I was asked to sign a form which stated clearly that my situation was explained and clarified and in the event that if anything should happen to me, the health officials would not be held responsible. Little did I know …. I was signing my suicide note……

If I had my child to raise over again

If I had my child to raise over again
I’d build self-esteem first, and the house later.


I’d finger paint more and point fingers less.
I would do less correcting and more connecting.

I’d take my eyes off my watch,
and watch with my eyes.

I would care to know less and know to care more
I’d take more hikes and fly more kites.

I’d stop playing serious, and seriously play.
I would run through more fields
and gaze at more stars.

I’d do more hugging and less tugging.
I’d see the oak tree in the acorn more often.

I would be firm less often
and affirm much more.

I’d model less about the love of power,
And more about the power of love.

For Every Mother

F O R     E V E R Y     M O T H E R 

This is for all the mothers who didn’t win Mother of the Year last year.

All the runners-up and all the wannabes. The mothers too tired to enter or too busy to care.

This is for all the mothers who froze their buns off on metal bleachers at soccer games Friday night instead of watching from cars, so that when their kids asked, “Did you see my goal?” they could say, “Of course, I wouldn’t have missed it for the world,” and mean it.

This is for all the mothers who have sat up all night with sick toddlers in their arms, saying, “It’s OK honey, Mommy’s here.”

This is for all the mothers of Kosovo who fled in the night and can’t find their children.  (And the mothers in Iraq whose children died in bombings).

This is for the mothers who gave birth to babies they’ll never see. And the for mothers who took those babies and gave them homes.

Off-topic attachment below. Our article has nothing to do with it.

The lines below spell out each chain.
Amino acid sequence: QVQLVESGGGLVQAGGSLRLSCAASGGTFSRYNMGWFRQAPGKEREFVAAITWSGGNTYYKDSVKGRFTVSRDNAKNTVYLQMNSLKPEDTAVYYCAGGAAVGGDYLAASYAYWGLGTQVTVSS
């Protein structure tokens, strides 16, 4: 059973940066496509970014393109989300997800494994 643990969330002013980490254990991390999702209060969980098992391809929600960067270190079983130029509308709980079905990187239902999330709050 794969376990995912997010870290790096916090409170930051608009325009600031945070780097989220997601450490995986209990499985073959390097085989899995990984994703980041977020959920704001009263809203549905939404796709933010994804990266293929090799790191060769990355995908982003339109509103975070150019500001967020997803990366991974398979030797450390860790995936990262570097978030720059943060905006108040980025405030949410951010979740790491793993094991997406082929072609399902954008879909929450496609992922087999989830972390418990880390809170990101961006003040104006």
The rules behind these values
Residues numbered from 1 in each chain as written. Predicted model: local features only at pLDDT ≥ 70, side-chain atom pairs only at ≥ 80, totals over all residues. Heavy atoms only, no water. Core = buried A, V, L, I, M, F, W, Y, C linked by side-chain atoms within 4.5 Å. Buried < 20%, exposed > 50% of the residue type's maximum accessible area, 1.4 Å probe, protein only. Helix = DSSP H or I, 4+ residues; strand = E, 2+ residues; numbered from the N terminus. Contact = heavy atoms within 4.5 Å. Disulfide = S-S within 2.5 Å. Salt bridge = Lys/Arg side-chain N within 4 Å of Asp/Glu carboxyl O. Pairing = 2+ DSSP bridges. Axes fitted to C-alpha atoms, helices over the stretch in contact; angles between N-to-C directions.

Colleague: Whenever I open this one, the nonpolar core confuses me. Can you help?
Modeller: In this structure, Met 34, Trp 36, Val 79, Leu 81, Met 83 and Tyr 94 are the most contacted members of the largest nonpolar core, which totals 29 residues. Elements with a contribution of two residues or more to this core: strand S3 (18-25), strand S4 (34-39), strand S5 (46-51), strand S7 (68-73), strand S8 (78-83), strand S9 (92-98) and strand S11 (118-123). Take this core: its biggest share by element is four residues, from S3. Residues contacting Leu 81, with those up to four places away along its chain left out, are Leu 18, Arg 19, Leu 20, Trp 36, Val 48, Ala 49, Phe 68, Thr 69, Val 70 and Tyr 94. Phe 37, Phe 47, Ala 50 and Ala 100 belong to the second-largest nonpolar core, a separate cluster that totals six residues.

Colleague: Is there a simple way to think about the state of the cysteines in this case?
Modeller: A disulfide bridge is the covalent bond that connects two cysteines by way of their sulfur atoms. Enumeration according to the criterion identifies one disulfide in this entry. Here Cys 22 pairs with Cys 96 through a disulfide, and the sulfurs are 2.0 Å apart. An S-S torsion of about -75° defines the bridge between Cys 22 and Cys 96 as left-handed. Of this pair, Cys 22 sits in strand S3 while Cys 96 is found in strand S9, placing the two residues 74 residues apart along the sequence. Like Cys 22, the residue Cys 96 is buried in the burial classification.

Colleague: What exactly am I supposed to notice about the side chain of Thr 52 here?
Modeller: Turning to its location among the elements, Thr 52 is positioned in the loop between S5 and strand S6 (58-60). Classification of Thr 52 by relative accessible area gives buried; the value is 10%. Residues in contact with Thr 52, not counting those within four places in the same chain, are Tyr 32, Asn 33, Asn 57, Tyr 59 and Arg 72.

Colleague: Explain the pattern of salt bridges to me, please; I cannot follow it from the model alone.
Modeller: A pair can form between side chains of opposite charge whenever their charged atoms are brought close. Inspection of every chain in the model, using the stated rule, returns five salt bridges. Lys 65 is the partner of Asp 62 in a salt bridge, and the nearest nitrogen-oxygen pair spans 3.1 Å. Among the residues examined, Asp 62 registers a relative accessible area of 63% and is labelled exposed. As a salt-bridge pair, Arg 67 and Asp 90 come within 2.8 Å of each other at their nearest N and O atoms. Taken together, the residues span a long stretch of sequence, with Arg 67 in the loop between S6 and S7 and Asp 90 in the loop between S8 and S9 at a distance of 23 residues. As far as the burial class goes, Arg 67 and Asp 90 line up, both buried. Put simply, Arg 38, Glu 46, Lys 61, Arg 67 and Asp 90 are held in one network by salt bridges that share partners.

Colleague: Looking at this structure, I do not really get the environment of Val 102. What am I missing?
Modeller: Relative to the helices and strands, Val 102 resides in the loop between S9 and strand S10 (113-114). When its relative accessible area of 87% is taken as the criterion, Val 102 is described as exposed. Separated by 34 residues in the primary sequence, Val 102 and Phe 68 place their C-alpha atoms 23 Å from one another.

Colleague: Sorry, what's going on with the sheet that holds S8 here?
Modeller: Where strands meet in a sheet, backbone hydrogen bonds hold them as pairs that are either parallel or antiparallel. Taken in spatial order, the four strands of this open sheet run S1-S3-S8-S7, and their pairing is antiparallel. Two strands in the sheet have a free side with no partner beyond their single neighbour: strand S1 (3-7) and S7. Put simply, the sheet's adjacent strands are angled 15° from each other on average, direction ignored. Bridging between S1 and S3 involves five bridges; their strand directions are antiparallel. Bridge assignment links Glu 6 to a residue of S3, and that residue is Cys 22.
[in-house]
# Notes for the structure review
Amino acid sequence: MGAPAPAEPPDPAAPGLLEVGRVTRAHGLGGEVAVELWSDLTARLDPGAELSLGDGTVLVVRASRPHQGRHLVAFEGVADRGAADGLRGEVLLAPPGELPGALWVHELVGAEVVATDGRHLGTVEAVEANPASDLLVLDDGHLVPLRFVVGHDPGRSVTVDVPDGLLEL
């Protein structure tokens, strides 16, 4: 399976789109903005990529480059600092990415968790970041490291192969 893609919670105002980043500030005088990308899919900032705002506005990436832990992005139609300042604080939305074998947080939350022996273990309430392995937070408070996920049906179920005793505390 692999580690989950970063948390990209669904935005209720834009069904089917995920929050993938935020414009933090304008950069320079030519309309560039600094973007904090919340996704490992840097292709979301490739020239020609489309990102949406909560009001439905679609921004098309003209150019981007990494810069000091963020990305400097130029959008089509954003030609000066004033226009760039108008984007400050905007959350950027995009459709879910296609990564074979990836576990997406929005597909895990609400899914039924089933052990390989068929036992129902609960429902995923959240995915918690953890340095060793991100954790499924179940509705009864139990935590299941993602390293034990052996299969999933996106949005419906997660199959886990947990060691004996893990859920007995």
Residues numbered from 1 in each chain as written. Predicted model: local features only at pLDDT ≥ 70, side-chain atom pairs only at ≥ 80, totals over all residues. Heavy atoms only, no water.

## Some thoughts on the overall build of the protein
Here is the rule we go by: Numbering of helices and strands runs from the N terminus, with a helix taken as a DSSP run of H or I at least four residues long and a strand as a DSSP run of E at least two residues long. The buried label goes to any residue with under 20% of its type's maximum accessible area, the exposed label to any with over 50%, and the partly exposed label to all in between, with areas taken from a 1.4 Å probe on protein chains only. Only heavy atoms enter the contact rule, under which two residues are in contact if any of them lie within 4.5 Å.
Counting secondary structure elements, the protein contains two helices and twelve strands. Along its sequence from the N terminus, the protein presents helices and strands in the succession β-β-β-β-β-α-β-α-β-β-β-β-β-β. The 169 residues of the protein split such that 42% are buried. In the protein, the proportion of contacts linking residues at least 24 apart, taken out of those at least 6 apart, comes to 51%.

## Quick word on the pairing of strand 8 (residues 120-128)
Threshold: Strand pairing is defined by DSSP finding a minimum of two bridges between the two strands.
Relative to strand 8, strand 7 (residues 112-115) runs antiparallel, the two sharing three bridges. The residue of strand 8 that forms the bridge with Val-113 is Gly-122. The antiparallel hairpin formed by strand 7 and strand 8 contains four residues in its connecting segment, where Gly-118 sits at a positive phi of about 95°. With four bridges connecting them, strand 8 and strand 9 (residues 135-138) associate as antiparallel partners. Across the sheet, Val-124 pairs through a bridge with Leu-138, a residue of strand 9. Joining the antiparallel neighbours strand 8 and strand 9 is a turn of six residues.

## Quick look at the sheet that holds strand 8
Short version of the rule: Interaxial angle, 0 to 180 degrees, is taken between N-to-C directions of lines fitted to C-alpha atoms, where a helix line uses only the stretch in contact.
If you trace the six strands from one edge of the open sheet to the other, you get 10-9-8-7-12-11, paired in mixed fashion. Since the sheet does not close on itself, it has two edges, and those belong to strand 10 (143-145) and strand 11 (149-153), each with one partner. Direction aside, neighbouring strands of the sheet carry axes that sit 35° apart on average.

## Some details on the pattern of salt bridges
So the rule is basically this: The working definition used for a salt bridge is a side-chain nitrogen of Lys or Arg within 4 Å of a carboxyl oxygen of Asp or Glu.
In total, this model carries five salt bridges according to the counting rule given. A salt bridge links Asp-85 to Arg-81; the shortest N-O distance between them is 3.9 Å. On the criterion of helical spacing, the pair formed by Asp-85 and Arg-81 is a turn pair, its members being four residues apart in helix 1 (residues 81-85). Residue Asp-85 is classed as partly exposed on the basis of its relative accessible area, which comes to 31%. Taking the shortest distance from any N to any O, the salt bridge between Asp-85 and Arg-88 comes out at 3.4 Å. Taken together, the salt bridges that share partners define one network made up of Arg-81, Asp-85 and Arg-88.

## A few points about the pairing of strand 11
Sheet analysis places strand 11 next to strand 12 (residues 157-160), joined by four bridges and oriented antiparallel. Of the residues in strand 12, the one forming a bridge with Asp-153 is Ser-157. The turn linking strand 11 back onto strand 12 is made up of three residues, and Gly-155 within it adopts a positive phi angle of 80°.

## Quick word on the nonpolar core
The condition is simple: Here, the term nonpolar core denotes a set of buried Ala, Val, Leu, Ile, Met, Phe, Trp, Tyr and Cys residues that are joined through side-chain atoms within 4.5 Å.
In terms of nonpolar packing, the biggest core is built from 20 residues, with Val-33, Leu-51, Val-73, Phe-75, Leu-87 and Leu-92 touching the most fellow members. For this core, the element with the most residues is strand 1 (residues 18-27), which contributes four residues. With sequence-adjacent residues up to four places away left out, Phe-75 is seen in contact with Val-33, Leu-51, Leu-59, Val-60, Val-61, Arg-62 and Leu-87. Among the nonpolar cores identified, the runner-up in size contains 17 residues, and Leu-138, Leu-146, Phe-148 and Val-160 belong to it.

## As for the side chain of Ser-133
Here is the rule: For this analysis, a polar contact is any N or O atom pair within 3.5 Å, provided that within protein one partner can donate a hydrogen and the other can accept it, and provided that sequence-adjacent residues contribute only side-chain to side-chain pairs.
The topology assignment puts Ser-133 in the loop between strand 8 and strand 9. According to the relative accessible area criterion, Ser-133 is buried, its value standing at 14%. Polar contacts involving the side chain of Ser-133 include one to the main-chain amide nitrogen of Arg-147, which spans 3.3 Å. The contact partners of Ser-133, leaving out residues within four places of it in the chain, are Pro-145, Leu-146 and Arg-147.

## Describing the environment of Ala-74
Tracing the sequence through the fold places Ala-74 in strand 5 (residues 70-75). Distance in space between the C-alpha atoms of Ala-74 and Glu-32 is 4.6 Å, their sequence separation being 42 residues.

For all the mothers of the victims of the Colorado shooting, and the mothers of the murderers. For the mothers of the survivors, and the mothers who sat in front of their TVs in horror, hugging their child who just arrived safely home from school.

For all the mothers who run carpools and make cookies and sew Halloween costumes. And all the mothers who don’t.

What makes a good mother? Is it patience? Compassion? Broad hips? The ability to nurse a baby, cook dinner, and sew a button on a shirt, all at the same time?  Or is it heart?  Is it the ache you feel when you watch your son or daughter disappear down the street, walking to school alone for the very first time? The jolt that takes you from sleep to dread, from bed to crib at 2 a.m. to put your hand on the back of a sleeping baby? The need to flee from wherever you are and hug your child when you hear news of a school shooting, a fire, a car accident, a baby dying? 

This is for all the mothers who sat down with their children and explained all about making babies. And for all the mothers who wanted to but just couldn’t.

This is for reading “Goodnight, Moon” twice a night for a year. And then reading it again, “just one more time.”

This is for all the mothers who aren’t perfect. Who yell at their kids in the grocery store and swat them in despair and stomp their feet like a tired 2-year-old who wants ice cream before dinner.

This is for all the mothers who taught their daughters to tie their shoelaces before they started school. And for all the mothers who opted for Velcro instead.

For all the mothers who bite their lips- sometimes until they bleed- when their 14-year-olds dye their hair green.

This is for all the mothers who lock themselves in the bathroom when babies keep crying and won’t stop.

This is for all the mothers who show up at work with spit-up in their hair and milk stains on their blouses and diapers in their purse.

This is for all the mothers who teach their sons to cook and their daughters to sink a jump shot.

This is for all mothers whose heads turn automatically when a little voice calls “Mom?” in a crowd, even though they know their own offspring are at home.

This is for mothers who put pinwheels and teddy bears- and tears- on their children’s graves.

This is for mothers whose children have gone astray, who can’t find the words to reach them.

This is for all the mothers who sent their sons to school with stomach aches, assuring them they’d be just FINE once they got there,  only to get calls from the school nurse an hour later asking them to please pick them up.  Right away.

This is for young mothers stumbling through diaper changes and sleep deprivation.  And mature mothers learning to let go.  For working mothers and stay-at-home mothers. Single mothers and married mothers. Mothers with money, mothers without.

This is for you all. So hang in there. The world would be a terrible place without the love of mothers everywhere.  You make it a more civil, caring and safe place for the precious children in our world.